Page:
Characterization of microsatellite markers to diagnose ADPKD

Yoonhee Bae, Hyunho Kim, Myoah Paik, Junggeon Lee, Daeyeon Hwang, Younghwan Hwang, Curie Ahn, Seongman Kang

Research output: Contribution to journalArticlepeer-review

2 Citations (Scopus)


Autosomal dominant polycystic kidney disease (ADPKD) maps to chromosome 16p13.3 (PKD1) and to chromosome 4q21-23 (PKD2), with the likelihood of a third unmapped locus. The size and genomic complexity of the PKD1 gene make it impractical to detect mutations for prenatal diagnosis. Therefore, pedigree-based linkage analysis remains useful for diagnosis of ADPKD. Since, the complete genome sequences of chromosome 16p13.3 and 4q21-23 including PKD1 and PKD2, respectively, were reported very recently, in order to do more precise diagnosis of ADPKD, we tried to find microsatellite markers. We performed database searches of 2000 kb of genome sequence across the 16p13.3 and the 4q21-23. To determine the distribution of alleles and the degree of polymorphism of the microsatellites, genotyping experiments were performed on 48 Korean individuals. We found novel 14 microsatellite markers around ADPKD that are more polymorphic and closer to PKD1 or PKD2 than the known markers. The novel microsatellite markers were applied to diagnose ADPKD families. These novel microsatellite markers are not only useful for presymptomatic and prenatal diagnosis of ADPKD, but also applicable in the study of positional cloning, human evolution and tumor biology.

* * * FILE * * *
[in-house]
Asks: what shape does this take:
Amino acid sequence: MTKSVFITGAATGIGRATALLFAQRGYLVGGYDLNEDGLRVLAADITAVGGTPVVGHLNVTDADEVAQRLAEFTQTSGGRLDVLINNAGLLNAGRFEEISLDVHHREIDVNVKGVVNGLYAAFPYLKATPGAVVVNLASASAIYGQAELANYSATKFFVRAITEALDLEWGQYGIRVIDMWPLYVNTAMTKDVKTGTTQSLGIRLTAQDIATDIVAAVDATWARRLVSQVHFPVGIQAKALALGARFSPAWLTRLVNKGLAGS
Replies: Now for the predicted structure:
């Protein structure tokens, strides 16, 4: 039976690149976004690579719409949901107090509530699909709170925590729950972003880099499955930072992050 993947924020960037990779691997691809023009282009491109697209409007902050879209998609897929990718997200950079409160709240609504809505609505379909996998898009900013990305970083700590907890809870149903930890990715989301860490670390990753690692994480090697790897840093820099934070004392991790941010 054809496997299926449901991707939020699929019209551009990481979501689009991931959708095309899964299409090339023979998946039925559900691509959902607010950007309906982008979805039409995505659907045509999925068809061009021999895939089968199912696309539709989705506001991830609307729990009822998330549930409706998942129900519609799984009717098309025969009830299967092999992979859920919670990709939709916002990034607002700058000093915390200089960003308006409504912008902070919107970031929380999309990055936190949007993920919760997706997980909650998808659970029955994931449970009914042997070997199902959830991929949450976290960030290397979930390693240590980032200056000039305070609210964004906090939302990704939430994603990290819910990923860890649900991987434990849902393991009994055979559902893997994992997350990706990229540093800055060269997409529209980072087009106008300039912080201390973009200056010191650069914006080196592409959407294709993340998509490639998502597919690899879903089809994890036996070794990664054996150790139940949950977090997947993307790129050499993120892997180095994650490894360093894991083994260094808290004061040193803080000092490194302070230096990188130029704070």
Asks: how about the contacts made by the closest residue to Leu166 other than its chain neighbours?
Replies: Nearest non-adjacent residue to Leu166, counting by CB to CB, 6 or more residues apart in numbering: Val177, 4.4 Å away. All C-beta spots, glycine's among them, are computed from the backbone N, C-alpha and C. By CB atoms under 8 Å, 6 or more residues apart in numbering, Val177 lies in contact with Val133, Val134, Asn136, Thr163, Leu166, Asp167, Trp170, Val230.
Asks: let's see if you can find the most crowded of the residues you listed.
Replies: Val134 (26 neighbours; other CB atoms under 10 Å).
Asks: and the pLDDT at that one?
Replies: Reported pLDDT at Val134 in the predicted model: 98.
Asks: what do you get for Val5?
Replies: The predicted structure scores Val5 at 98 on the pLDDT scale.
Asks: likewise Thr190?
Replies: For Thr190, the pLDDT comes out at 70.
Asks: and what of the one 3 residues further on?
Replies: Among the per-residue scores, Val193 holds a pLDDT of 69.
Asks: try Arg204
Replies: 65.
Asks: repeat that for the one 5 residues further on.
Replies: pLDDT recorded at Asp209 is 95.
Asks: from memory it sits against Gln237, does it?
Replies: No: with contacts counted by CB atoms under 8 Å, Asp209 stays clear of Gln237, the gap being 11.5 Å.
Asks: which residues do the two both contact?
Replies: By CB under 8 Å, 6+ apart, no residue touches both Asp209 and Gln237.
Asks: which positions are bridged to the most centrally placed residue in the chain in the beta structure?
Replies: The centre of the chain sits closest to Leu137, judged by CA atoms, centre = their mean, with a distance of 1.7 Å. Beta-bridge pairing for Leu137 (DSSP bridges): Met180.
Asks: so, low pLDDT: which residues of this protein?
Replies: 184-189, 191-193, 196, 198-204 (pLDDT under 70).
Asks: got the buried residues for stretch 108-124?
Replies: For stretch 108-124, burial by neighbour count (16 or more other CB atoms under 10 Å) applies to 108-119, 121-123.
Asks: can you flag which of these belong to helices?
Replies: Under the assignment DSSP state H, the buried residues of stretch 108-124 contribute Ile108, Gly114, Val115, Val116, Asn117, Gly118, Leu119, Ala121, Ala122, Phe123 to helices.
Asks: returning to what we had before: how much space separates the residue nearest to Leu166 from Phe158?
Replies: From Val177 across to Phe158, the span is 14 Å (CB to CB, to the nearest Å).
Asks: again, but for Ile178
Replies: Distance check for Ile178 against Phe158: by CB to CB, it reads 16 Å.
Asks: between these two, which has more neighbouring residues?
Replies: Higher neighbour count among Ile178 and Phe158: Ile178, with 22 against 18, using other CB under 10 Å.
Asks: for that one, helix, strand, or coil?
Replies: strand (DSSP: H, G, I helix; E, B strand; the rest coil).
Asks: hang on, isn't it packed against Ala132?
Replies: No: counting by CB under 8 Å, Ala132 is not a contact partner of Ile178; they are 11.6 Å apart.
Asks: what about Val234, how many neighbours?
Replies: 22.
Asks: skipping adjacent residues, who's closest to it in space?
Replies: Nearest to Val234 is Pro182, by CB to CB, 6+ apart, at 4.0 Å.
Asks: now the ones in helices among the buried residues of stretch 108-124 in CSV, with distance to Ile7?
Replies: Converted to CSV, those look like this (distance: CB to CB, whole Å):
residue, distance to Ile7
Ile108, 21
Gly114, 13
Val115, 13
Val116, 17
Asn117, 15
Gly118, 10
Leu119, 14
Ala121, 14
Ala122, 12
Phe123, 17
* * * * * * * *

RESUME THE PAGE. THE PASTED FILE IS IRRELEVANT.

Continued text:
Original languageEnglish
Pages (from-to)155-159
Number of pages5
JournalMolecular and Cellular Probes
Issue number3
Publication statusPublished - 2004 Jun


  • Autosomal dominant polycystic kidney disease
  • Heterozygosity
  • Microsatellite marker
  • PKD1
  • PKD2

ASJC Scopus subject areas

  • Molecular Biology
  • Cell Biology


Dive into the research topics of 'Characterization of microsatellite markers to diagnose ADPKD'. Together they form a unique fingerprint.

Cite this